Video Transcript: The Rocketmen
Since Explorer 1, the first U.S. satellite, the Jet Propulsion Laboratory has been a pioneer in America's space age. Its robotic spacecraft and rovers have explored the solar system from Mercury to Neptune, and looked out into the universe beyond anything seen before.
The beginnings of JPL can be found right on its doorstep, just north of the Pasadena Rose Bowl.
Gay Yee Hill :
…in this dry riverbed called the Arroyo Seco.
Turn back time 70 years to Halloween 1936. That's when a group from Caltech and their friends came out here to test an idea –a tiny rocket motor that would eventually evolve into the tools of spaceflight.
They were an odd mix.
Caltech student Frank Malina, who later became the first director of JPL, was interested in aerodynamics.
Jack Parsons was a chemist. His buddy, Ed Foreman, was a talented machinist. Rudolph Schott and Caltech's Apollo Smith also helped, as Malina described in this 1968 interview.
Voice of Frank Malina
Recorded in 1968:
The first test was made on the 31st of October in 1936.
We had no money except our own pocket money, so we went around looking for second hand stuff all over the area.
The group had the backing of famed professor Theodore von Karman of Caltech's Guggenheim Aeronautical Laboratory, but most everyone else scoffed at rocketeers.
Erik Conway :
People associated rockets in these days with we would consider bad science fiction films now.
They tried three times to fire the thing and the fuse they were using, just split powder fuse, just kept blowing out, so nothing happened. On the 4th try, they ignited the motor and the oxygen line came off, whipped around, started shooting fire, and they all ran away.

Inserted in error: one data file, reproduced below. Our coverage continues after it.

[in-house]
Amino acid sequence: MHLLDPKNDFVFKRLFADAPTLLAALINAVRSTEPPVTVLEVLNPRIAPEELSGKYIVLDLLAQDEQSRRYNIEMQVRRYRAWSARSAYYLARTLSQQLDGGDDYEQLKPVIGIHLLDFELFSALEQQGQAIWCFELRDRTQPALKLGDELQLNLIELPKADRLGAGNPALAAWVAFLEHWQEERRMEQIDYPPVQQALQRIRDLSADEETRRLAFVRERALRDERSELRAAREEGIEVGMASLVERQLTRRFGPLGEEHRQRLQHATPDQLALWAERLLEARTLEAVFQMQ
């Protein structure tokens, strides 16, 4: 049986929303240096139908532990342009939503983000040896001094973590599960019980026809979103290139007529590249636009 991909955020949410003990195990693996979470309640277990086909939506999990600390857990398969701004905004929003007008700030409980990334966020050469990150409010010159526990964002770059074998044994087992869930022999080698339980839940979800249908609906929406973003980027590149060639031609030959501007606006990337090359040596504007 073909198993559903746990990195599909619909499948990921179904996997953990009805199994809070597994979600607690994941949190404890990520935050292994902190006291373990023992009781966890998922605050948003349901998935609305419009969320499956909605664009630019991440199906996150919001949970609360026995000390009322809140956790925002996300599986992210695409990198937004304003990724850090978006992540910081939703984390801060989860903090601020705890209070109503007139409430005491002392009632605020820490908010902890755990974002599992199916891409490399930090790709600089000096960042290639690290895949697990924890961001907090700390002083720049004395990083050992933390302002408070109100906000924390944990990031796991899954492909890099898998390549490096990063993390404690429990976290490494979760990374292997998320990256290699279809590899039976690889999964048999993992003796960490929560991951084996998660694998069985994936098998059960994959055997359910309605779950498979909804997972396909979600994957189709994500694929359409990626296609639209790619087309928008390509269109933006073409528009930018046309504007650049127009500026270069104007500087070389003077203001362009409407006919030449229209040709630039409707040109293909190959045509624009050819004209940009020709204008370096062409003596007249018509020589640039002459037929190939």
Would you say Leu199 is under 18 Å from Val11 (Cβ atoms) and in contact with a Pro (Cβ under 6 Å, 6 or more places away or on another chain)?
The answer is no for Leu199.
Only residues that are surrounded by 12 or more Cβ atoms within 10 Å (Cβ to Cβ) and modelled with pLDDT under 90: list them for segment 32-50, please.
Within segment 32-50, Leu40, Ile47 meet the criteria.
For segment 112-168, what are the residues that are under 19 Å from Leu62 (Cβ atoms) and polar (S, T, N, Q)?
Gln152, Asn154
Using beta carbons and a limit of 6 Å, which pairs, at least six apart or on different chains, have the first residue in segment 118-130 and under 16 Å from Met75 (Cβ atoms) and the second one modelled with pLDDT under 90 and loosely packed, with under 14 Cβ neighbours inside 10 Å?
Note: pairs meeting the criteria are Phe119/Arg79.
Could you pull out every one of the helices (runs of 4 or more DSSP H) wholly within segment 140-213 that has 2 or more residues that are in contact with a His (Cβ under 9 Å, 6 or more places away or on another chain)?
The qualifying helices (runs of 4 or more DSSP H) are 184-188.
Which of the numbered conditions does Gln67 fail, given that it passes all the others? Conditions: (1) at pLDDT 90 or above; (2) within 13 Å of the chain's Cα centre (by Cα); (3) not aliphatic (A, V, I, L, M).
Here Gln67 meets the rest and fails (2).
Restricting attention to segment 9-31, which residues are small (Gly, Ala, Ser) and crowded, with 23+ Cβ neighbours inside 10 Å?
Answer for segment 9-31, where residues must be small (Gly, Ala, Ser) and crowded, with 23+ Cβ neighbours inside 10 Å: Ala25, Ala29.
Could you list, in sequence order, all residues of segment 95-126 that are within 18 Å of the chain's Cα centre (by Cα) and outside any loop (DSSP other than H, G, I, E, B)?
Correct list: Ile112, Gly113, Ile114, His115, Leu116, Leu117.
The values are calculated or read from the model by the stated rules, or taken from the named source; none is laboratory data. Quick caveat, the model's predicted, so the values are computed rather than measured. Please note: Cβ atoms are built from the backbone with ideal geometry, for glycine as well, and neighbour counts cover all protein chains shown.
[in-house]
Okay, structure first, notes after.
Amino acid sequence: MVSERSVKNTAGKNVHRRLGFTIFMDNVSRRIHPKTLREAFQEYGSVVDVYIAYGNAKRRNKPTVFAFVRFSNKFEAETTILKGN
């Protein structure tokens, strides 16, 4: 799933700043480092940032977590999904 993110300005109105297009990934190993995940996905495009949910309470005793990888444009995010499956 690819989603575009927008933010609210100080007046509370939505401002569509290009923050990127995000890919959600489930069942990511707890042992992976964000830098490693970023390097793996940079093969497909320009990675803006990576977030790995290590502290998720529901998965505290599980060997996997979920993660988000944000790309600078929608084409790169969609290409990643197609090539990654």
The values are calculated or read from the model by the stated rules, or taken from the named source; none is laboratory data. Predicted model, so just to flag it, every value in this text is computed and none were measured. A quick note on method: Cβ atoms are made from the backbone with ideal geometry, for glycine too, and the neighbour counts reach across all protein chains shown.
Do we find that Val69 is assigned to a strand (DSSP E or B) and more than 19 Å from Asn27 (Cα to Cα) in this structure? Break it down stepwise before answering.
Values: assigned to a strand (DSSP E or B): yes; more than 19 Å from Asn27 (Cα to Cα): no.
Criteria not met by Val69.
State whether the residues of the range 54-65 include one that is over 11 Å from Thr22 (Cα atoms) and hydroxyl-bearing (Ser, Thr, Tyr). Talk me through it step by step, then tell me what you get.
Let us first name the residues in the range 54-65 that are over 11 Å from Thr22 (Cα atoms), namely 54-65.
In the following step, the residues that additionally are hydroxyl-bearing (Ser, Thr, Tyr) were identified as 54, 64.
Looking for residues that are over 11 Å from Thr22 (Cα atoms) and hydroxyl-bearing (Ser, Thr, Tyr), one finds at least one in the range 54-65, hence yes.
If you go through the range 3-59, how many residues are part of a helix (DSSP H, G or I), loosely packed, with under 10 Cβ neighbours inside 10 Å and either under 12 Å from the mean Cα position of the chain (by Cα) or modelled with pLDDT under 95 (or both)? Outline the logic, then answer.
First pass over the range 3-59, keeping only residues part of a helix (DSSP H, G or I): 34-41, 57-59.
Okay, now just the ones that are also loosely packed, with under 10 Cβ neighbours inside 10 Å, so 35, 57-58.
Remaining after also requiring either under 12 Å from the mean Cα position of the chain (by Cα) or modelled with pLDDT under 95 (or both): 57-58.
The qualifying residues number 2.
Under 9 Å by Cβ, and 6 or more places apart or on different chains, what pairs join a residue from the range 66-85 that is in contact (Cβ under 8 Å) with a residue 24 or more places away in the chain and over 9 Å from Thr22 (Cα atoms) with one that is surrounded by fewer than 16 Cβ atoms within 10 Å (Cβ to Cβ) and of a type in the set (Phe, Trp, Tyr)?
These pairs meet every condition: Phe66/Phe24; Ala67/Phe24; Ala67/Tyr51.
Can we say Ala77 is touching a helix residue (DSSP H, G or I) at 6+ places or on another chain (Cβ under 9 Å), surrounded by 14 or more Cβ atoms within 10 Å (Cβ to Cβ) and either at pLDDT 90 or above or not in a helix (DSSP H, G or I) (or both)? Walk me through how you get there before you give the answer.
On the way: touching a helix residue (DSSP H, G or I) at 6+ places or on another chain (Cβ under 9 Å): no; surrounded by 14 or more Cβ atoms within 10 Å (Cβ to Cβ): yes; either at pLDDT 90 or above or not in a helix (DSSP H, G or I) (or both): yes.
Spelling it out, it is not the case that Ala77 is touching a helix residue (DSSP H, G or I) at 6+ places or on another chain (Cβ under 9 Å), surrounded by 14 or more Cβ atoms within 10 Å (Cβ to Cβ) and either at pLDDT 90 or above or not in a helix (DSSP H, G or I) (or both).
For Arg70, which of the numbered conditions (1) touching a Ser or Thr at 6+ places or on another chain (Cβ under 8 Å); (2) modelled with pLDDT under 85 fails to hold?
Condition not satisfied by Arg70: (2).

The first day was a bust, but
in this letter to his parents in Texas,
Malina called it a success.
He considered it a success anyway, simply because they learned a number of things not to do.
Tests in November 1936 proved to be little better, except perhaps to produce this now classic photo.
Malina believed rockets could be the ticket to the high altitudes he needed for science research.
No one knew how to build a rocket motor, either liquid or solid, really that was very effective or very satisfactory. So it meant that actually the people, those of us here were really thrown upon our own resources.
Finally on January 16th 1937 – success.
The white smoke you're seeing coming up is the motor running.
The motor fired long enough to heat its metal nozzle red.
The work of the group all these years put rocket propulsion and rocket flight on a real sound scientific and technical basis.
From those early days in the arroyo-- to military work--to space exploration.
A wild experiment 70 years ago set the tone for the Jet Propulsion Laboratory as a place where extraordinary ideas become reality.